“Professor expects a lot from his students, but he gives you all of the tools and support you need to be successful,” Enck says.

Collaboration and community

The students’ summer research culminated with the annual SURF conference, which brought together more than 400 faculty, students, researchers, and administrators from schools across Rhode Island. The event gave the students an opportunity to present their work to each other and to experts in the field – and to learn even more about potential career paths. 

Reid, who helped prepare the students to share their findings and coached them on their presentation skills, notes that the conference allows them to take a step back and see the many opportunities available in science. “They get to see what all of the undergraduates are working on at schools across the state,” he says. “They can make friends and connections with other like-minded students studying science.”

“It’s a great experience,” says Pepin. “You get great feedback, not only on your presenting skills, but also on the work that you’re doing. You get advice on where to go next with this particular project as well as other opportunities you can explore.”

“You learn so much from working in the lab. When I’ll be applying for a job or grad school, I can say ‘I’ve done this before, I’ve done procedures like PCR purification and DNA extraction.’"

“It makes me really excited and happy to see and talk with all of these other students who are doing the same thing as me,” agrees Massam. “I’ve talked to several other researchers on other projects who want to meet up and compare results.”

Careers in science

Reid notes that the experience the students gain through SURF prepares them for a wide range of careers in a variety of fields, pointing to successful alumni in medicine, academia, and research positions.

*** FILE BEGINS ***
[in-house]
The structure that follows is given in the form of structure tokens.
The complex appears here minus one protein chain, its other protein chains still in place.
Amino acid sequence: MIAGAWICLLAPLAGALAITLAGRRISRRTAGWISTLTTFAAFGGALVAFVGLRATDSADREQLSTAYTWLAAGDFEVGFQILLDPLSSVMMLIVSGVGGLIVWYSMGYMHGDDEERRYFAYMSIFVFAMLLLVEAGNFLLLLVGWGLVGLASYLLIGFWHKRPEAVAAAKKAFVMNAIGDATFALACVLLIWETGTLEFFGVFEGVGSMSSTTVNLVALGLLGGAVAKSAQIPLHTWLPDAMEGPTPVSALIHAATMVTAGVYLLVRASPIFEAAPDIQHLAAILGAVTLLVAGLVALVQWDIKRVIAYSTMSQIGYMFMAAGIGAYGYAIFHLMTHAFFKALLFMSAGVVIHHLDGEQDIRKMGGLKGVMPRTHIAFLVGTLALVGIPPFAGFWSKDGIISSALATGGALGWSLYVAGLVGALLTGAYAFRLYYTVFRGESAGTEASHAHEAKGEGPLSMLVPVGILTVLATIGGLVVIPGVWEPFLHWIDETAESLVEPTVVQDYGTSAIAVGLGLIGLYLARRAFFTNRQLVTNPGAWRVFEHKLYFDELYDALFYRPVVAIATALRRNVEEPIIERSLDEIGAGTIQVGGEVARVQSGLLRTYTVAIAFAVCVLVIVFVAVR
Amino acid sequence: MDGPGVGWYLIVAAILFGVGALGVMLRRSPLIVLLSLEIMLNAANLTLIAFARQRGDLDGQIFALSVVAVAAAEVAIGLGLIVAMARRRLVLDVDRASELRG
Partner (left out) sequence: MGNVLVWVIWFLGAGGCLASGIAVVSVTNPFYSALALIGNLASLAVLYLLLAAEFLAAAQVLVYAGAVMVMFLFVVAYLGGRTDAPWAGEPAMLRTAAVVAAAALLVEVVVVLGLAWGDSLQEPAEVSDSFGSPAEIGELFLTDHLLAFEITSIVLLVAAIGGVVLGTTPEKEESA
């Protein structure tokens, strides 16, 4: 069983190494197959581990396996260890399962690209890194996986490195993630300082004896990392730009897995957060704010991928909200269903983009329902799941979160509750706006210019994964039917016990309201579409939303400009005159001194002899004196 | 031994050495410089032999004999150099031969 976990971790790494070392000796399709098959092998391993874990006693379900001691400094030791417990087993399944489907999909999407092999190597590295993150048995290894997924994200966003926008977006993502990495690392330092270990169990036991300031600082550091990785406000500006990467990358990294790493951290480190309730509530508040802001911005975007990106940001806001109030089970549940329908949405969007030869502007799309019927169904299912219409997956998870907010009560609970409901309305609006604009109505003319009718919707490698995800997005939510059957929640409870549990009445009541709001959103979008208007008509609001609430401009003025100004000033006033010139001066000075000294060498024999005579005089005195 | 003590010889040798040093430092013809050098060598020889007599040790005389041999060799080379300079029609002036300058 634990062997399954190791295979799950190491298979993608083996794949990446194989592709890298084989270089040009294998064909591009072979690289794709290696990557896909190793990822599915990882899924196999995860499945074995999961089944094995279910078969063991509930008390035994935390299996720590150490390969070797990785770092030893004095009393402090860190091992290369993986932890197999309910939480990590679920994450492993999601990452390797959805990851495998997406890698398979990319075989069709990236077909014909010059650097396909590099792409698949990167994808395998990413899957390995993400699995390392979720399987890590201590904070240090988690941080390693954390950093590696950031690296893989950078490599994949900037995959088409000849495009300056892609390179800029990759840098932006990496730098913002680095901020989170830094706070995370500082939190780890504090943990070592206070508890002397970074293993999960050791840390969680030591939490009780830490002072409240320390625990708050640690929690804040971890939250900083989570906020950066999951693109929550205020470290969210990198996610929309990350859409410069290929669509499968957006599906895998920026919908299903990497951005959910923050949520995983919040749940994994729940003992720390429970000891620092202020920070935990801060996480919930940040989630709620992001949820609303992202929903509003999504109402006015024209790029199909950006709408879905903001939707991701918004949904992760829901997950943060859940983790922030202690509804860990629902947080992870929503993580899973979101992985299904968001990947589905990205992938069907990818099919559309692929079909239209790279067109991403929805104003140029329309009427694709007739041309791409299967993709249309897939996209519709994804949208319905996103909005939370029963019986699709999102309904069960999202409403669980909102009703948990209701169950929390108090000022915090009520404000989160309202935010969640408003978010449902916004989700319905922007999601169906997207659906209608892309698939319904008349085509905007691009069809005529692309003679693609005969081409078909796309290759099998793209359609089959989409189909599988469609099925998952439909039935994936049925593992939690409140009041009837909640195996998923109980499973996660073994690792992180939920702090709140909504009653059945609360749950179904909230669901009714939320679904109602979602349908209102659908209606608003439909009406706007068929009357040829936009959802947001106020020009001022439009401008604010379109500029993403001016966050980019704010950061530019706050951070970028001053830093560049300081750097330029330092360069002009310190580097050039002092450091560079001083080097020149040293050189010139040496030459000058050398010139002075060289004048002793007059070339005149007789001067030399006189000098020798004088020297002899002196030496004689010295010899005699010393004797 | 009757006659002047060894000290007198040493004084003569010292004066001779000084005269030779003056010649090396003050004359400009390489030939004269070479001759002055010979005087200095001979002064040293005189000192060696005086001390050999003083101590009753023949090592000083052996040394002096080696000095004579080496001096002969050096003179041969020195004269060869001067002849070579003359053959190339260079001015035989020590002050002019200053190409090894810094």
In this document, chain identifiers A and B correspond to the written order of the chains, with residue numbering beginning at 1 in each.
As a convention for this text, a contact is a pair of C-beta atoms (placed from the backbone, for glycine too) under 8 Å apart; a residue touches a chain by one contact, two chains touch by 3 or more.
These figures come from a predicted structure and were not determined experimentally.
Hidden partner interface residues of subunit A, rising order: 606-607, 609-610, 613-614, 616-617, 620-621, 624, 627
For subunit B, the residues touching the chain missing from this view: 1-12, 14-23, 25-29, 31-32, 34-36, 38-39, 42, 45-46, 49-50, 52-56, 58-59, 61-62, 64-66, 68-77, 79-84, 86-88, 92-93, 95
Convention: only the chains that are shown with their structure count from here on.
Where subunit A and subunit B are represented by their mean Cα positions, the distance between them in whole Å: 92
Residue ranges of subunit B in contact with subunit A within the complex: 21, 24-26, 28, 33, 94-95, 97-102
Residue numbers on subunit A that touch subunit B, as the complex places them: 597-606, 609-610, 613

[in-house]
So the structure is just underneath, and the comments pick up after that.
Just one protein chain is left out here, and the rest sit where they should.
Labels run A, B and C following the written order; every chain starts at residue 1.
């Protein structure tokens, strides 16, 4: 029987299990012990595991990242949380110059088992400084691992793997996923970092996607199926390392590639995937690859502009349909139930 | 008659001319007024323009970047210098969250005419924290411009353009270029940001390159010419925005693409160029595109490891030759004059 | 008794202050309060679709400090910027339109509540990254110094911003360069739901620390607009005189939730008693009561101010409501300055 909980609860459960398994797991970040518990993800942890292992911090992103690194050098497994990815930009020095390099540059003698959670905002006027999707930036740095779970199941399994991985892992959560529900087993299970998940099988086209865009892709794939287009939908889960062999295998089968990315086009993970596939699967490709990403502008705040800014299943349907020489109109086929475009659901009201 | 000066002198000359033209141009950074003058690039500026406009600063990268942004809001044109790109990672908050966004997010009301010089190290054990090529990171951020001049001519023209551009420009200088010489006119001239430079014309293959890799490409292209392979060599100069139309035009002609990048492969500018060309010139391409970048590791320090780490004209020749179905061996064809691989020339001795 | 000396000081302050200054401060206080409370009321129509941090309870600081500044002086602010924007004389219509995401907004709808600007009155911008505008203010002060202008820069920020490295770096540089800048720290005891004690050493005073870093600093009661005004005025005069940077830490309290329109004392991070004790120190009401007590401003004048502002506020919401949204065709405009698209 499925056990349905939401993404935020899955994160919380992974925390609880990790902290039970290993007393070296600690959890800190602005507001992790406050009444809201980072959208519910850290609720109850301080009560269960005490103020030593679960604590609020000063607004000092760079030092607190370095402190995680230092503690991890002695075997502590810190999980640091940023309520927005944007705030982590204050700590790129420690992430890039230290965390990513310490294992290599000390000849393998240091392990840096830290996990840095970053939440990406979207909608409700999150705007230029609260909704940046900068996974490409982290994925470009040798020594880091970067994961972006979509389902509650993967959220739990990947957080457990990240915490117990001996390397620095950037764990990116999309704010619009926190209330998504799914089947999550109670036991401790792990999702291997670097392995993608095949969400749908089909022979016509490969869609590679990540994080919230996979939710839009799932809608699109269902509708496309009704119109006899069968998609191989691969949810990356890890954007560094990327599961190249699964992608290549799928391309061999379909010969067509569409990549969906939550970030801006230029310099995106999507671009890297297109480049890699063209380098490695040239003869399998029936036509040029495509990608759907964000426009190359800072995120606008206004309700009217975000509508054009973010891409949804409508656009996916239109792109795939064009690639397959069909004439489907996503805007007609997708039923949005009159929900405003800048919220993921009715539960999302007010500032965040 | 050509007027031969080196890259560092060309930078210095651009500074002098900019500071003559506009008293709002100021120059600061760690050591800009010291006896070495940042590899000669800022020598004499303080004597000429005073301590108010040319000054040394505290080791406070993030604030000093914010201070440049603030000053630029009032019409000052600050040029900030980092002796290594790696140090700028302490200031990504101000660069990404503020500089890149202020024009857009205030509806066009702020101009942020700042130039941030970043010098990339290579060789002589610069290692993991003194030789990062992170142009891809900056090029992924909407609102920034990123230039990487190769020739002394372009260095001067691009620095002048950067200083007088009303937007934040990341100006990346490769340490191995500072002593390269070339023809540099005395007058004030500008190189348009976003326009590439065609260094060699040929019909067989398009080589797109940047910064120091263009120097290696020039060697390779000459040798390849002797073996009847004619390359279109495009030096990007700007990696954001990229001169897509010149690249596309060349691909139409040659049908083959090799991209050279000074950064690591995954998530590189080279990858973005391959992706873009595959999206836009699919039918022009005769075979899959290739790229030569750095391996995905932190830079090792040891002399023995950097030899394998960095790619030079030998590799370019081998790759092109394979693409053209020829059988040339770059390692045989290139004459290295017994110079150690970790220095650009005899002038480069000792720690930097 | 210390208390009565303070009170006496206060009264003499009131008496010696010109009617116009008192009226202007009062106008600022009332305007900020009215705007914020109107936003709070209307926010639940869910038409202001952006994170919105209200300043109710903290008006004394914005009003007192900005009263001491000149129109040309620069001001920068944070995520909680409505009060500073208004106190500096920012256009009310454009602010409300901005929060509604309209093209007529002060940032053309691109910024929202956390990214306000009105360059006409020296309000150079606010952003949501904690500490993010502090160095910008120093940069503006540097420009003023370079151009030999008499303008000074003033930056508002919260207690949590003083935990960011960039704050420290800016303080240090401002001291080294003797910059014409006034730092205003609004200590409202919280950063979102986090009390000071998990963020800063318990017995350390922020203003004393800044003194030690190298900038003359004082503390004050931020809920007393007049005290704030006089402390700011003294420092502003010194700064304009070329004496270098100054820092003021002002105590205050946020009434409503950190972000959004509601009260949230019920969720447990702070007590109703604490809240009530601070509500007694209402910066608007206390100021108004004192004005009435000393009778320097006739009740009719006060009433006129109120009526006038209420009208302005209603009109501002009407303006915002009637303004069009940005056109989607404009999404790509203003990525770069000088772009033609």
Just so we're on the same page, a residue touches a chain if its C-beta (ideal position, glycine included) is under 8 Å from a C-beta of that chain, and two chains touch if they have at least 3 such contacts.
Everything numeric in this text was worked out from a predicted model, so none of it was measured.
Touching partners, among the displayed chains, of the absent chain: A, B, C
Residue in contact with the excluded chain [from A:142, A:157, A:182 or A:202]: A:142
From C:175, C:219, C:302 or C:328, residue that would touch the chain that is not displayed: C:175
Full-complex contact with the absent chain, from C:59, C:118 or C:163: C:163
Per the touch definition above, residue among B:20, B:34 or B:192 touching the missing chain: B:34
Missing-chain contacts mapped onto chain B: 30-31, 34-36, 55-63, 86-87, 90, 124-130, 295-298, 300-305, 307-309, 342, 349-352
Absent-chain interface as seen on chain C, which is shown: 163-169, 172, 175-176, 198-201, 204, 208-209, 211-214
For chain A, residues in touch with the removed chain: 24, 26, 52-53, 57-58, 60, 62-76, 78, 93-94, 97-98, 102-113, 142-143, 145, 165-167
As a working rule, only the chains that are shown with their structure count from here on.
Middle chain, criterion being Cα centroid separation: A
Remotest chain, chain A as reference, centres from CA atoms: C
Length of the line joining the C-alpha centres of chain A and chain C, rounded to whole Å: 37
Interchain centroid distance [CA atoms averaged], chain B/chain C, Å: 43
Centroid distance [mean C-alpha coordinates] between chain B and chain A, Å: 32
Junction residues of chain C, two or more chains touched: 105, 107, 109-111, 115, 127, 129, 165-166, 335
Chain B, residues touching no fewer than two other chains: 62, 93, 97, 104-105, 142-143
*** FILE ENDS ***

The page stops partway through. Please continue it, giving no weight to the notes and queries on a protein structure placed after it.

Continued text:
“You learn so much from working in the lab,” says Massam. “When I’ll be applying for a job or grad school, I can say ‘I’ve done this before, I’ve done procedures like PCR purification and DNA extraction.’” 

“Professor Reid is one of the best mentors I’ve ever had, and being part of the SURF Lab is one of the best academic decision you can make.”

“It’s helping become more comfortable and confident with lab work in a research setting, which I know is going to propel me forward,” adds Enck, who is planning to attend ophthalmology school.

In addition to the career and graduate workshops made available through the SURF program, Reid mentors students on finding post-grad opportunities, as well as the application process. “I get to know the students very well. It’s one of my favorite parts of the year,” he says.

The students appreciate that one-on-one guidance. “I thought that being part of the Reid lab would be not only a good way to gain lab experience but to help me learn what path I want to go down,” says Williams, who is considering a career as a researcher. “Talking with him about all of the possibilities is amazing.”

To Enck, the summer has opened a world of opportunities. “Professor Reid is one of the best mentors I’ve ever had,” she says, “and being part of the SURF Lab is one of the best academic decision you can make.”